Nearly 35 years to the day before a lone gunman would enter a gay nightclub in Florida and butcher dozens of innocents in the deadliest mass shooting in America's bloody history, the federal government's public health institute documented five cases of a rare lung infection that would quickly spiral to claim the lives of 25 million.
Then, just as now, Republican condolences have been chilling. Indeed, as conservatives broadly lament the tragedy only to gracefully sidestep the acute animus that bore it, they continue in a shameful tradition of indifference to the lives, and disproportionate suffering, of gay men and women.
The horror and breadth of the incident—some 49 perished as another 53 were injured, clinging to a life that will forever bear the scars of hate—commanded a response, just as the deaths of nearly 7 million AIDS victims compelled President Ronald Reagan to begin addressing the crisis in earnest, some four years after those first documented cases in 1981.
The symmetry is startling: just as Republicans of the Reagan era for years took shelter from the subject of AIDS, today's partisans have notably whitewashed the sexuality of the Orlando victims.
Say it, damn it: they were gay, and for it they were marked for death by a radical Islamist terrorist. Now, that's not to say the victims were singularly defined by their sexuality—indeed, they were sons and daughters, mothers and fathers, husbands and wives, friends and lovers—but to blur their identity is to willfully disrespect their memory and their fight to live authentically and freely.
Silence is no conservative ethic, and yet it continues to tether our pained present to the shameful stigmas of our past. With sparse exception, many Republicans pointedly refused to utter the word "gay" in the hours that followed the massacre. It was almost as though they feared their own sexual orientation would shift with the utterance—gay!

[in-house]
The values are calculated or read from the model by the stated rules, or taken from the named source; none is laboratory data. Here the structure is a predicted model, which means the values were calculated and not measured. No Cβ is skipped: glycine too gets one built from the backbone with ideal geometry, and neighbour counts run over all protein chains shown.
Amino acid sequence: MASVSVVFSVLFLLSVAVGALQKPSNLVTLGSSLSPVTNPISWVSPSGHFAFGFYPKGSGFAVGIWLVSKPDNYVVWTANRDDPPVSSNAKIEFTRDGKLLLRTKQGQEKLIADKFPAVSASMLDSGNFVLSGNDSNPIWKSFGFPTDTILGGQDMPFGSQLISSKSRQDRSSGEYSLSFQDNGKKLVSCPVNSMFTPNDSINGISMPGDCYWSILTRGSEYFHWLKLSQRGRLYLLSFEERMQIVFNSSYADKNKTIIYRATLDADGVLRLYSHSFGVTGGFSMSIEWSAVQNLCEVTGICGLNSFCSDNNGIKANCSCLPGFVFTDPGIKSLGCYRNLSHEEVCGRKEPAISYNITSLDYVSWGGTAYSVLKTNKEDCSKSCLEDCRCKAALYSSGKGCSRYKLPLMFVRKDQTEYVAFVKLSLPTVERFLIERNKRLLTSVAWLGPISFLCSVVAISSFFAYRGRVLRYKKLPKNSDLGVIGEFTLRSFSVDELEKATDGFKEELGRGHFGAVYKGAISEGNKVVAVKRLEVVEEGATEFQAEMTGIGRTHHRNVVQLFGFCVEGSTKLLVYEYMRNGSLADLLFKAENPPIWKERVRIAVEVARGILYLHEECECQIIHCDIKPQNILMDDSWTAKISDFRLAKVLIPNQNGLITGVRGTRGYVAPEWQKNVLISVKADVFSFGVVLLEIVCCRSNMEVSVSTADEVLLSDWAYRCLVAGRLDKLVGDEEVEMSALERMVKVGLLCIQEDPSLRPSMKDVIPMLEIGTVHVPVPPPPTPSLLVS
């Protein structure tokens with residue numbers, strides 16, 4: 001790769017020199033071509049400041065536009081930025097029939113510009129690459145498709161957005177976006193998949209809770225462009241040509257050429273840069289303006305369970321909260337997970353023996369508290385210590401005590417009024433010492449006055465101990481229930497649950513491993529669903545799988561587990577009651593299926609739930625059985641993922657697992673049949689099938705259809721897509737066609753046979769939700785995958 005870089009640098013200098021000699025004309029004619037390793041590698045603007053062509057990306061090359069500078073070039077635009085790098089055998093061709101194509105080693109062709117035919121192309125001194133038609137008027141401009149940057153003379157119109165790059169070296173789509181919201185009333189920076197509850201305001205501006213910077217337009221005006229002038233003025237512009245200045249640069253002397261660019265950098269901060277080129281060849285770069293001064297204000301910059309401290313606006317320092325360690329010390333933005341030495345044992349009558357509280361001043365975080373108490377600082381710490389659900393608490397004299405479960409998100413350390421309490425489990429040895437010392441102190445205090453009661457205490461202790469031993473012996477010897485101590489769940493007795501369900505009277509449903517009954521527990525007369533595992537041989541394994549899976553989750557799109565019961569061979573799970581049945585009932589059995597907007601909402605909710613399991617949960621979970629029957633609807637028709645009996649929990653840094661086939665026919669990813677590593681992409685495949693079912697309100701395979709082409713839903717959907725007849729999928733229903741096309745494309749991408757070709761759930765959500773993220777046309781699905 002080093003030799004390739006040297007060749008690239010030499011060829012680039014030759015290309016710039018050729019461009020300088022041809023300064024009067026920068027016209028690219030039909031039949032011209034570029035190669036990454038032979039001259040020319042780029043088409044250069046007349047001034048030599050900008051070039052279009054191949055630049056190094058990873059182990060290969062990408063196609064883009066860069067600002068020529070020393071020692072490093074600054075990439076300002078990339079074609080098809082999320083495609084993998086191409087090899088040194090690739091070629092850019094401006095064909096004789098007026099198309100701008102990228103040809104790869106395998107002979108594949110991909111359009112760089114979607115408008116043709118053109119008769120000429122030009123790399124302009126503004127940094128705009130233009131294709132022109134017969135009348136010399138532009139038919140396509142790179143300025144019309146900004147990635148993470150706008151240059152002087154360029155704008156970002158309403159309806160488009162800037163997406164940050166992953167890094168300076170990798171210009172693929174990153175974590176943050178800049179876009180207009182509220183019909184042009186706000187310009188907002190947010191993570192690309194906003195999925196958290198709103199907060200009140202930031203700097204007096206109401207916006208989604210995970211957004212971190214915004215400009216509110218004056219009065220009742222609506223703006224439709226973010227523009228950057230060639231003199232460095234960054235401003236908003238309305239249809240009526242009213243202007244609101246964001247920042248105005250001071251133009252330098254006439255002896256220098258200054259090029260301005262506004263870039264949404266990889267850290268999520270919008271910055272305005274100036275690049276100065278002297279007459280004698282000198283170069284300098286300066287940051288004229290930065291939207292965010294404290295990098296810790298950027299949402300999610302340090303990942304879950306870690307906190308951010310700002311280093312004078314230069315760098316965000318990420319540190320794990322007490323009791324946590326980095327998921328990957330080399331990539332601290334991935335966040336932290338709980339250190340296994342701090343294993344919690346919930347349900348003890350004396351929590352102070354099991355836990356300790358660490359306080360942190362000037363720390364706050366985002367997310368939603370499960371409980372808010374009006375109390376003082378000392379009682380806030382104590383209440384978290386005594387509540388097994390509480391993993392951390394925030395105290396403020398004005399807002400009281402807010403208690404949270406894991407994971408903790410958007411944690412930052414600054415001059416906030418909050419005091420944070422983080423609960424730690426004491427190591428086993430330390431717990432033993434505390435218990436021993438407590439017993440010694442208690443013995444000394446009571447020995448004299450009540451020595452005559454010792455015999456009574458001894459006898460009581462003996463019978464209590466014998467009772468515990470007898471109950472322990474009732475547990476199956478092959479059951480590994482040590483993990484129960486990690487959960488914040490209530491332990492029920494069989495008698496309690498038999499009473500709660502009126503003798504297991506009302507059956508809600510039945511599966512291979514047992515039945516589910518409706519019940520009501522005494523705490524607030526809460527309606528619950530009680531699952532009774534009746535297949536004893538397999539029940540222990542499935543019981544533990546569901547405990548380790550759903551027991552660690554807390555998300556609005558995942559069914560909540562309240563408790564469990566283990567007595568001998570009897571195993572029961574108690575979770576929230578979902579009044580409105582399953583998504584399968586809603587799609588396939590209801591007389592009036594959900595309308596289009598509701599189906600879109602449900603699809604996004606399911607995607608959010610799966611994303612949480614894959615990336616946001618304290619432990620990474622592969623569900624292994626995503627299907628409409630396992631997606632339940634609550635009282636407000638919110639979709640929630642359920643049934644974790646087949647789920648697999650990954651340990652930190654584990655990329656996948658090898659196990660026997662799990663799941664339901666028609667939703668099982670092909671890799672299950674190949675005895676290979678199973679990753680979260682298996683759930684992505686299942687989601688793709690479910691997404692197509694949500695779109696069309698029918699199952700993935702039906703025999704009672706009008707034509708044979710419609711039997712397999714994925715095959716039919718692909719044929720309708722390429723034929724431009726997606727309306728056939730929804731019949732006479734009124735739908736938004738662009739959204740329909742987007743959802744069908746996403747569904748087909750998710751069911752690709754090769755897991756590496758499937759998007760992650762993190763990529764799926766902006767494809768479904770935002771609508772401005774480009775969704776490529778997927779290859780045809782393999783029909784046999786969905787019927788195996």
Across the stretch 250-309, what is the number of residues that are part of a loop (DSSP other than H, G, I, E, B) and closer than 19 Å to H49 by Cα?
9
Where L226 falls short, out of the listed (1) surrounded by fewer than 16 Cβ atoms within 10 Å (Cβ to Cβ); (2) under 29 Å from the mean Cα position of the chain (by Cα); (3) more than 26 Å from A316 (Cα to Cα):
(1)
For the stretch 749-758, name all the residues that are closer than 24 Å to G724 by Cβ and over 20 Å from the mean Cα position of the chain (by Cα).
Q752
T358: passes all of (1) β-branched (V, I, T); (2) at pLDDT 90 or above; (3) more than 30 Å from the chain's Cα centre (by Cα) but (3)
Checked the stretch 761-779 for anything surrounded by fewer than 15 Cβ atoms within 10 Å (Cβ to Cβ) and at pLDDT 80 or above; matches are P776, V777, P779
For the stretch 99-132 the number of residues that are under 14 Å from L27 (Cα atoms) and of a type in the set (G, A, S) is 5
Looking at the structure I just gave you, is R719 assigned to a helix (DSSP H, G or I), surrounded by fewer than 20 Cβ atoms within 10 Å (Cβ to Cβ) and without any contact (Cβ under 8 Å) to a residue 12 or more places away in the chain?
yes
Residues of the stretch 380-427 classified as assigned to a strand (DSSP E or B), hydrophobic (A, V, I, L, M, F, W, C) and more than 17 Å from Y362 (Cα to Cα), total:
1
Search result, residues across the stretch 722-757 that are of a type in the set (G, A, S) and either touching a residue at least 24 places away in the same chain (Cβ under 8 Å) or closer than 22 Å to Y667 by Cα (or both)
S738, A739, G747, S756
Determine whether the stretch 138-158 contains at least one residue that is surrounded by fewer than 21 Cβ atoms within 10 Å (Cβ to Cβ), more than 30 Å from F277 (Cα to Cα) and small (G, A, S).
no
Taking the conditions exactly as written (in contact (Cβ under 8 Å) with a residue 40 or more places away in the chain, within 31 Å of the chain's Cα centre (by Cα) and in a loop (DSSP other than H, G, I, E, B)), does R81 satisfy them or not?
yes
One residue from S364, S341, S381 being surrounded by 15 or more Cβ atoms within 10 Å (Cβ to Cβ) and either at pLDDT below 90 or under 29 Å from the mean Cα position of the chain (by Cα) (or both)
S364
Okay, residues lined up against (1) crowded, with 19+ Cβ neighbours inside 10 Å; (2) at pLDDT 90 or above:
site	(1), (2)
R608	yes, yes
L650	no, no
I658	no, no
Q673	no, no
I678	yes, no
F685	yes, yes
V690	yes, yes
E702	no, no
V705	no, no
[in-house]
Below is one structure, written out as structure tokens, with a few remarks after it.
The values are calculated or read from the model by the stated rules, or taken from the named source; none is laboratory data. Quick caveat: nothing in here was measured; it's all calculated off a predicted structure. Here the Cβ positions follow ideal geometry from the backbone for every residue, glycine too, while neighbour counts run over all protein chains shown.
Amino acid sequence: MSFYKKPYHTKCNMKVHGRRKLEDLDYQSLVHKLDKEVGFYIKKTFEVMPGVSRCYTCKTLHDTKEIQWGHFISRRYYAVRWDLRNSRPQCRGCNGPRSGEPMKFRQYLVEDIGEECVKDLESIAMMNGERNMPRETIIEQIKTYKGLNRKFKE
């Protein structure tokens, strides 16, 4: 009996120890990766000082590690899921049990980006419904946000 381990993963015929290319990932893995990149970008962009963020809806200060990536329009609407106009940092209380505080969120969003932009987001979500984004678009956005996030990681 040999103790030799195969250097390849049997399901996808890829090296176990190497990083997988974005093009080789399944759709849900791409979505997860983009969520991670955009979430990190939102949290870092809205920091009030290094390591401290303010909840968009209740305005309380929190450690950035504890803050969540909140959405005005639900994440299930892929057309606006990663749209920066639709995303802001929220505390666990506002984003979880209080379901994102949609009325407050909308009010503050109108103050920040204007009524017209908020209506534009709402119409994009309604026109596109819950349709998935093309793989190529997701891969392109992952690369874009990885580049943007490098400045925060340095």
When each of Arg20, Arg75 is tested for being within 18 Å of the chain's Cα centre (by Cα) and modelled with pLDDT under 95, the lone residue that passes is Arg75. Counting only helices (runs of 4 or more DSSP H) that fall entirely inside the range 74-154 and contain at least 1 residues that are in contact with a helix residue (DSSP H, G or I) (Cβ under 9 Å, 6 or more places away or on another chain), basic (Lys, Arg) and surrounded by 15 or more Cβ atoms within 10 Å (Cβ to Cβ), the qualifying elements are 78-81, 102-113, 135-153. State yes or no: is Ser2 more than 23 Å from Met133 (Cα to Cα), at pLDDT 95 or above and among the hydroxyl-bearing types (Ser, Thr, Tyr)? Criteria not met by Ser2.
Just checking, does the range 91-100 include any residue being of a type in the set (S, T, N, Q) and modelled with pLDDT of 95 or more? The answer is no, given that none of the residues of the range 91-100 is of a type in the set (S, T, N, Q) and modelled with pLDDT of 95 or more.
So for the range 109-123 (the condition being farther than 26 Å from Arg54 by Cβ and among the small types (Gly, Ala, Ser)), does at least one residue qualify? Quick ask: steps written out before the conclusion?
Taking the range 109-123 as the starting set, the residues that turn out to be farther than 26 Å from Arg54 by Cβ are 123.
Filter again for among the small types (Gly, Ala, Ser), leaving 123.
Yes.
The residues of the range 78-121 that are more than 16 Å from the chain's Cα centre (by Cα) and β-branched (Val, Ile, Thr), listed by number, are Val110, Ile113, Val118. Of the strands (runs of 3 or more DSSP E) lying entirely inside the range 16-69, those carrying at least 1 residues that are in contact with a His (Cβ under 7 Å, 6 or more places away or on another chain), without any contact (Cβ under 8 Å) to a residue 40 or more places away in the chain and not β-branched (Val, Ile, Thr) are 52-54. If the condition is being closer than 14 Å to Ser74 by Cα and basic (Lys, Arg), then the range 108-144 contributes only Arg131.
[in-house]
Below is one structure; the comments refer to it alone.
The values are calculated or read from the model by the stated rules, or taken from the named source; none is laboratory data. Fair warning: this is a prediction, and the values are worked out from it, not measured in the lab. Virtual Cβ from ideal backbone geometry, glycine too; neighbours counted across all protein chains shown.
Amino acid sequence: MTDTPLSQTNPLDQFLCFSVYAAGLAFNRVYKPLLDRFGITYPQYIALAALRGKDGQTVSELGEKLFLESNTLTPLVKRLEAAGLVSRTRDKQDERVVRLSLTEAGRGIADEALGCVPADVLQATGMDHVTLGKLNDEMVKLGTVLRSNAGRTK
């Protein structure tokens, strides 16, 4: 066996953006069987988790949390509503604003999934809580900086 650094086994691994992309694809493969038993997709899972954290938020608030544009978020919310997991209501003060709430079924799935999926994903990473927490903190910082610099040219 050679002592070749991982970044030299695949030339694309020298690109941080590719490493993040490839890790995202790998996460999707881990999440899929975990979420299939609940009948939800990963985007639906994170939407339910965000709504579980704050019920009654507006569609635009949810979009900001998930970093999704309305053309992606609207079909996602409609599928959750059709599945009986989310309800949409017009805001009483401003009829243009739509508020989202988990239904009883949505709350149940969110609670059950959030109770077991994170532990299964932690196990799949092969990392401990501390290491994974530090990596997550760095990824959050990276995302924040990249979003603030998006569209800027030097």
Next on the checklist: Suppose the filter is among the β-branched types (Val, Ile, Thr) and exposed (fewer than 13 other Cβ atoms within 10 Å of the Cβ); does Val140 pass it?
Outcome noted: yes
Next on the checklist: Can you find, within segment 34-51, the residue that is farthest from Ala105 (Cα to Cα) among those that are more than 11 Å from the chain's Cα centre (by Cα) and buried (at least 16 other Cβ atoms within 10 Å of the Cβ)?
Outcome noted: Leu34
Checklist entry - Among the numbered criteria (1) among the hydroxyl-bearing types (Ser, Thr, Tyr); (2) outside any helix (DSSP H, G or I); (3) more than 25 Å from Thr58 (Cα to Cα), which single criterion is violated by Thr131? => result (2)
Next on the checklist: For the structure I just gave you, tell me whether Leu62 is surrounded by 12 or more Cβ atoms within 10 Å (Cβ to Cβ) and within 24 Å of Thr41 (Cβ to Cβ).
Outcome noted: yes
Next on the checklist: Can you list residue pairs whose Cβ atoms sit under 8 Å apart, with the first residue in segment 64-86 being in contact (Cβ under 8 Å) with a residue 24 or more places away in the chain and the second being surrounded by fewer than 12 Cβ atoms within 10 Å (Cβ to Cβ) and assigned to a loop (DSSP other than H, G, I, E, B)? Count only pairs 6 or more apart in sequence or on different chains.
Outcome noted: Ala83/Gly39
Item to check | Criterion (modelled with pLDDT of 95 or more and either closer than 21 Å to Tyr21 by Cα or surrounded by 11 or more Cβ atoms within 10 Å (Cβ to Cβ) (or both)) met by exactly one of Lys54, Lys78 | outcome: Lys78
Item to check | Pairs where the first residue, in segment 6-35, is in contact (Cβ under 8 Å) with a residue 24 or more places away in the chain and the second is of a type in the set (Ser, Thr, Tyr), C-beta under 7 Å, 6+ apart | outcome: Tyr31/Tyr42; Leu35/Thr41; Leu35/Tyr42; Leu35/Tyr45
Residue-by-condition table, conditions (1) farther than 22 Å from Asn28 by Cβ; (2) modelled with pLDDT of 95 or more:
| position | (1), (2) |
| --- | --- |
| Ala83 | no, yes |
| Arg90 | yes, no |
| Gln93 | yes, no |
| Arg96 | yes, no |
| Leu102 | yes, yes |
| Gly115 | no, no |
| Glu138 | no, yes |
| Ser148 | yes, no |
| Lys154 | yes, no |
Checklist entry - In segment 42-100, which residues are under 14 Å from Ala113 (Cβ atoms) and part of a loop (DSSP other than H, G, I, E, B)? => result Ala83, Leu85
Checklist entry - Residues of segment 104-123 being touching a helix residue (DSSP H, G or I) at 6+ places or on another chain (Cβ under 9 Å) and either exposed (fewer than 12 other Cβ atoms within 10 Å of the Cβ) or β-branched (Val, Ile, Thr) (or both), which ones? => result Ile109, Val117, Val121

Men and women were slaughtered. Not for their nationality. Nor for their creed. But because they were gay. And still GOP leaders hide behind broad and bland references to "victims and their families," apparently a sophist euphemism for queer.
On Monday, Republicans' presumptive presidential nominee asked a New Hampshire crowd to consider who would be a better White House partner to women and the LGBT community: former Secretary of State Hillary Clinton, who, he said, "wants to allow radical Islamic terrorists to pour into our country" to "enslave women and murder gays," or himself.
Well, if you put it that way.
Today's Republican Party is older and whiter than any period in its 162-year history. Today's electorate, though, isn't: it's young, it's diverse. And it's also just a little gay.
Courting diverse communities is no longer a whimsical coincidental strategy for Republicans, but a singular, imperative one. That means actually addressing those communities. That means actually identifying them—yes, saying the word gay.
It took years of suffering, of healthy young men spoiling into half-living cadavers, for Republicans to acknowledge the AIDS epidemic. Their silence took a fatal toll. Don't allow the same to happen with Orlando.